The word “research” appears on Michelle Whaley’s concise Department of Biological Sciences faculty webpage no fewer than 15 times. That’s because Whaley ’93Ph.D. is a research guru who delights in cultivating the requisite skills in everyone from local K-12 students to undergraduate science majors from Notre Dame and other schools. Her focus on helping young scientists sharpen these chops early in their careers helps explain why the genetics and cell biology specialist was named Indiana Professor of the Year in November by the Carnegie Foundation for the Advancement of Teaching and the Council for the Advancement and Support of Education. . . .
“We want love,” he once wrote, “but fear the dependence and commitment it implies; we fear being used and manipulated, smothered and spoiled.” Love’s demands revealed themselves immediately to the Canadian Catholic philosopher Jean Vanier when he invited two developmentally disabled men to live in his house near Paris in 1964. Fifty years later, Vanier’s L’Arche International is a network of nearly 150 homes in three dozen countries. There the severely disabled and their caregivers live in communities of faith, friendship and mutual responsibility through which, Vanier says, the beauty of each person is revealed. L’Arche received the 2014 Notre Dame Award for International Human Development and Solidarity in October at the University’s Global Gateway in Rome. The 86-year-old Vanier sent pre-recorded remarks as he was unable to travel from his home in France. . . .
Driving an “EV,” or electric vehicle, around campus just got easier. The University has installed four tall, slender charging stations for EVs and hybrids that look not unlike old-fashioned gas pumps — two near lamppost 7 in the stadium parking lot and two on the east side of the library lot. Special permits to use the stations cost just $25 annually, but you’ll need a valid University ID. Driving ranges for the best electric vehicles range from 70 to 100 miles between charges, while the snazzy Tesla Model S 85D may go nearly 300. . . .
Fans of Fighting Irish football and elegant living missed their chance to buy the home on South Bend’s East Wayne Street where Knute Rockne lived his last days. The Tudor-style house with round-arch doorways, wrought-iron bannisters and intricate stonework went on the market in September for $500,000 and was under contract at press time. But fear not: Days after that sale was announced, Frank Leahy’s former home at 3102 Miami Street, where the coach reportedly lived during the 1940s while winning all four of his national championship titles, went up for sale. The asking price? A mere $425,000. . . .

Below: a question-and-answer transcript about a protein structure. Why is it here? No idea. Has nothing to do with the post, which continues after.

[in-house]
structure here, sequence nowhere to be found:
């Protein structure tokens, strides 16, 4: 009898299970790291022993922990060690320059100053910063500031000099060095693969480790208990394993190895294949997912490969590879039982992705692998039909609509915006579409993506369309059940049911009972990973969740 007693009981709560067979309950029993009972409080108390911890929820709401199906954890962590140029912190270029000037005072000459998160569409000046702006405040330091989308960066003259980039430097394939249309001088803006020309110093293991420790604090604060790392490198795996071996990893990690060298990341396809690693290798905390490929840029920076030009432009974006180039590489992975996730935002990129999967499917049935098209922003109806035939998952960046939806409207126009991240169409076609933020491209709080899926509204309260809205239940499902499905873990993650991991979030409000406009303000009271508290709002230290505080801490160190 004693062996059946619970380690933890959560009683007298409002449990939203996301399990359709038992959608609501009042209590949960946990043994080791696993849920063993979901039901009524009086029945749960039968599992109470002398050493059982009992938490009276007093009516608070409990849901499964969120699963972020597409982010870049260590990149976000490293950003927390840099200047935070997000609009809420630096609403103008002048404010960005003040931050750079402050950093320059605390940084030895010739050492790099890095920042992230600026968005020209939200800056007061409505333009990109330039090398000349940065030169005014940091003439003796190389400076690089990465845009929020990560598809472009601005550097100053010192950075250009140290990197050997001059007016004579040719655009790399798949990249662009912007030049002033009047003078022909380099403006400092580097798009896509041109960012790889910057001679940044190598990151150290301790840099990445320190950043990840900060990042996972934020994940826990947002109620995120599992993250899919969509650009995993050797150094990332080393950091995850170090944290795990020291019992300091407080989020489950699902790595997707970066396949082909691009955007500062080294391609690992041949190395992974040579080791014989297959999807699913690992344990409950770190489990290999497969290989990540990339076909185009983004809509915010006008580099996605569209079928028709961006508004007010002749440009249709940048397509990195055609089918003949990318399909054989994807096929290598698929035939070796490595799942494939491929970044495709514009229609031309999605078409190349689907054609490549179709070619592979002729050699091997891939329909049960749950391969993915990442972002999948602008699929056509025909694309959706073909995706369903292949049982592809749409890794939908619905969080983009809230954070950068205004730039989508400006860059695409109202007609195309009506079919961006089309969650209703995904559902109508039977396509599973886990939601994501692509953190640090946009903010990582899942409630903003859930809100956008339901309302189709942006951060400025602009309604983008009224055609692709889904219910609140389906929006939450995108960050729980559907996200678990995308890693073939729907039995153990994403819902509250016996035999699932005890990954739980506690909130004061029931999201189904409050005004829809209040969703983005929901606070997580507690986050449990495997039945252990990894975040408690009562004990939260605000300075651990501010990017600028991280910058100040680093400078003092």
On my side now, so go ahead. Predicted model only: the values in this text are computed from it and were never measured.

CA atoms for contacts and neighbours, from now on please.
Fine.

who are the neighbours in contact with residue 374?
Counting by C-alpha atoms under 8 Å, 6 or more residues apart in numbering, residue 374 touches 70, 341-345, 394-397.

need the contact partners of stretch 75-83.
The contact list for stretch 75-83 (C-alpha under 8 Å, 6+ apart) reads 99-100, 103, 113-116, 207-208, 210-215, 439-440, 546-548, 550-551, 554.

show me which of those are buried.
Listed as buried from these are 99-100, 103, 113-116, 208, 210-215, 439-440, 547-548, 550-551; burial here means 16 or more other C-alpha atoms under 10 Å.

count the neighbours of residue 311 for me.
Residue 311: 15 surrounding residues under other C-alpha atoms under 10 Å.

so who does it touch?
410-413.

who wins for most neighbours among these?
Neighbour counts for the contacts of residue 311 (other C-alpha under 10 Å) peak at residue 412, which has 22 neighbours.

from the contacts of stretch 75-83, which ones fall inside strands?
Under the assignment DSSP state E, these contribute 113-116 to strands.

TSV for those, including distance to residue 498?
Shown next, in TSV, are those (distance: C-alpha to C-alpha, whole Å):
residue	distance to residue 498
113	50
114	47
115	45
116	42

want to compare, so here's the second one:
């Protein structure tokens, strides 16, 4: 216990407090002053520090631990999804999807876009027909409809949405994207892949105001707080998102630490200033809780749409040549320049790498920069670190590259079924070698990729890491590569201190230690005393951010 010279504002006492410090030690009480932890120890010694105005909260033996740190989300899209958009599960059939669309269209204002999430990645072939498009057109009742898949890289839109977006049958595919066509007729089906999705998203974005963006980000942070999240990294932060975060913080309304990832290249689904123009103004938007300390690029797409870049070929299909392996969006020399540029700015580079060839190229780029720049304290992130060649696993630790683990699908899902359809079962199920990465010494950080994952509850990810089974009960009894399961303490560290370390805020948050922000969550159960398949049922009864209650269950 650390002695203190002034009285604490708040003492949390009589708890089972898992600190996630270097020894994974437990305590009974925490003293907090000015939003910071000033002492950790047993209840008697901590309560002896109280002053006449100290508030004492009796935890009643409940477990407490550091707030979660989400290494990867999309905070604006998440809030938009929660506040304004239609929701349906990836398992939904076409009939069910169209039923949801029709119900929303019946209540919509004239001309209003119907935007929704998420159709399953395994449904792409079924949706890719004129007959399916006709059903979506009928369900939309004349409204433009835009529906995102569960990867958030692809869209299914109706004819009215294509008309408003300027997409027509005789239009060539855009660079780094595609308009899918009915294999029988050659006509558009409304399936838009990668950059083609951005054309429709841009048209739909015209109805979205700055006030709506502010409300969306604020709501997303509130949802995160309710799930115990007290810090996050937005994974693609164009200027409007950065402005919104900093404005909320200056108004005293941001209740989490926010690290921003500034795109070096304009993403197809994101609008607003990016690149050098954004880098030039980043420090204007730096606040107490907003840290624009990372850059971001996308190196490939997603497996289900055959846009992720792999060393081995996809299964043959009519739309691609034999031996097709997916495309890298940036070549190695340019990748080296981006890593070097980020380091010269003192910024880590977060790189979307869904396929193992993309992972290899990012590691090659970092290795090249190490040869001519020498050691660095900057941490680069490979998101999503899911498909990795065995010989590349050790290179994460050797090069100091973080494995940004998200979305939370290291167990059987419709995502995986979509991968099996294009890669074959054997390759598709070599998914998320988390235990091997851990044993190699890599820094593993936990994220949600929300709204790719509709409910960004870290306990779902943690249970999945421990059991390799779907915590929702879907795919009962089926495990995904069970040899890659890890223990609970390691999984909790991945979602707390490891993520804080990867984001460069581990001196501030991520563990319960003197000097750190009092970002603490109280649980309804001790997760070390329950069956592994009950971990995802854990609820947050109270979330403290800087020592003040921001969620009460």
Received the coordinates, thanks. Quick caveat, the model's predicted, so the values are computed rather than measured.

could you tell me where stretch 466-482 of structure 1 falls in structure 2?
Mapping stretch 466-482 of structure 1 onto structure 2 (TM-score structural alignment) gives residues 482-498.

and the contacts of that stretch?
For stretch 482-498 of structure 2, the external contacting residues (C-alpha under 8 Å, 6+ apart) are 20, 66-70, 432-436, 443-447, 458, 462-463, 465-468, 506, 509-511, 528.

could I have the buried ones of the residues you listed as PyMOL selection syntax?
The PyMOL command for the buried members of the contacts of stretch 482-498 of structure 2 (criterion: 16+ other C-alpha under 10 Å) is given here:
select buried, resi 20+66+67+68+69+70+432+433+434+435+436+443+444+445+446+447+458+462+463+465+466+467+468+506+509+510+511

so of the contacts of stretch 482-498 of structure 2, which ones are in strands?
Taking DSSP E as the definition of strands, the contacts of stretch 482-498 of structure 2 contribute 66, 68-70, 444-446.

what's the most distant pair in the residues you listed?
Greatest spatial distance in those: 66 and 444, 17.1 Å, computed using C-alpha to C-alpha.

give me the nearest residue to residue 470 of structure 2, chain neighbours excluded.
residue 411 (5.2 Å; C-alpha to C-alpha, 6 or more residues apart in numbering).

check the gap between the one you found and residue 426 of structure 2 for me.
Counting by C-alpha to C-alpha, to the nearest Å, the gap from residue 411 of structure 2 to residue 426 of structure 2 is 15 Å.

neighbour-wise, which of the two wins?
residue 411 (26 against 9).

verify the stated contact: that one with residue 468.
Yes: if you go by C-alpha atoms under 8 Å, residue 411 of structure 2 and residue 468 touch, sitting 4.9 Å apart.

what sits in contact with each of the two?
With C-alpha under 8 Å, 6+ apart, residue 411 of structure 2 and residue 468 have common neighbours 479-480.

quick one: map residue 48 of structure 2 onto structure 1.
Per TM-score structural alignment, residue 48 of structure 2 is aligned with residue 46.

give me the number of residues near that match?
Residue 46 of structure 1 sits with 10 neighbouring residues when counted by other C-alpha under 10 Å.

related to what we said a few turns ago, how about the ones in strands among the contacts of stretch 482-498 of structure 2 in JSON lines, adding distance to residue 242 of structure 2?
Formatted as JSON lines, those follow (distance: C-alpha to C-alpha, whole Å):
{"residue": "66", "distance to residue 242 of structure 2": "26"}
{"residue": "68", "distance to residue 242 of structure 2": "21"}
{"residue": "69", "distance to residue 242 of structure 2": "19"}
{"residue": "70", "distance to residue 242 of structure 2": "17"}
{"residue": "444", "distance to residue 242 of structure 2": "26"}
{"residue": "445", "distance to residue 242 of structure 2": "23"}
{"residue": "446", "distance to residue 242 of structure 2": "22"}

“[Clerical] celibacy should not be defended primarily as adding functional advantage (flexibility, financial freedom, etc.) to the priesthood, but as adding a dimension of solitude, of holy longing, even of strangeness.” — Rev. William Dailey, CSC, ’94, ’00M.Div, lecturer in law, as one of seven contributors to a “Room for Debate” conversation on The New York Times’ online opinion pages that asked how the Church would change if clerical marriage became more common. Read more online. . . .
One by one they went inside. Frank and Dan; Ara, Moose and Lou; by crane, by dolly, by careful escort. Knute simply shuffled around by the door.
Once the orange construction fences went up around Notre Dame Stadium in October it was time to relocate those statues, the symbolic first act of the Campus Crossroads project that will see the erection of a new student center, music building and social science hall on the stadium’s west, south and east sides.
In addition to those six bronze icons of Fighting Irish athletics, workers also removed and transplanted 98 trees around campus. Even the Griffon, a gift from the late sculptor David Hayes ’53 that has stood outside the Snite Museum for a quarter-century, had to fly — by flatbed truck. Visitors to campus will recognize it on its new perch in the Notre Dame Sculpture Park.
Work on the Crossroads is expected to be completed in time for the fall semester of 2017.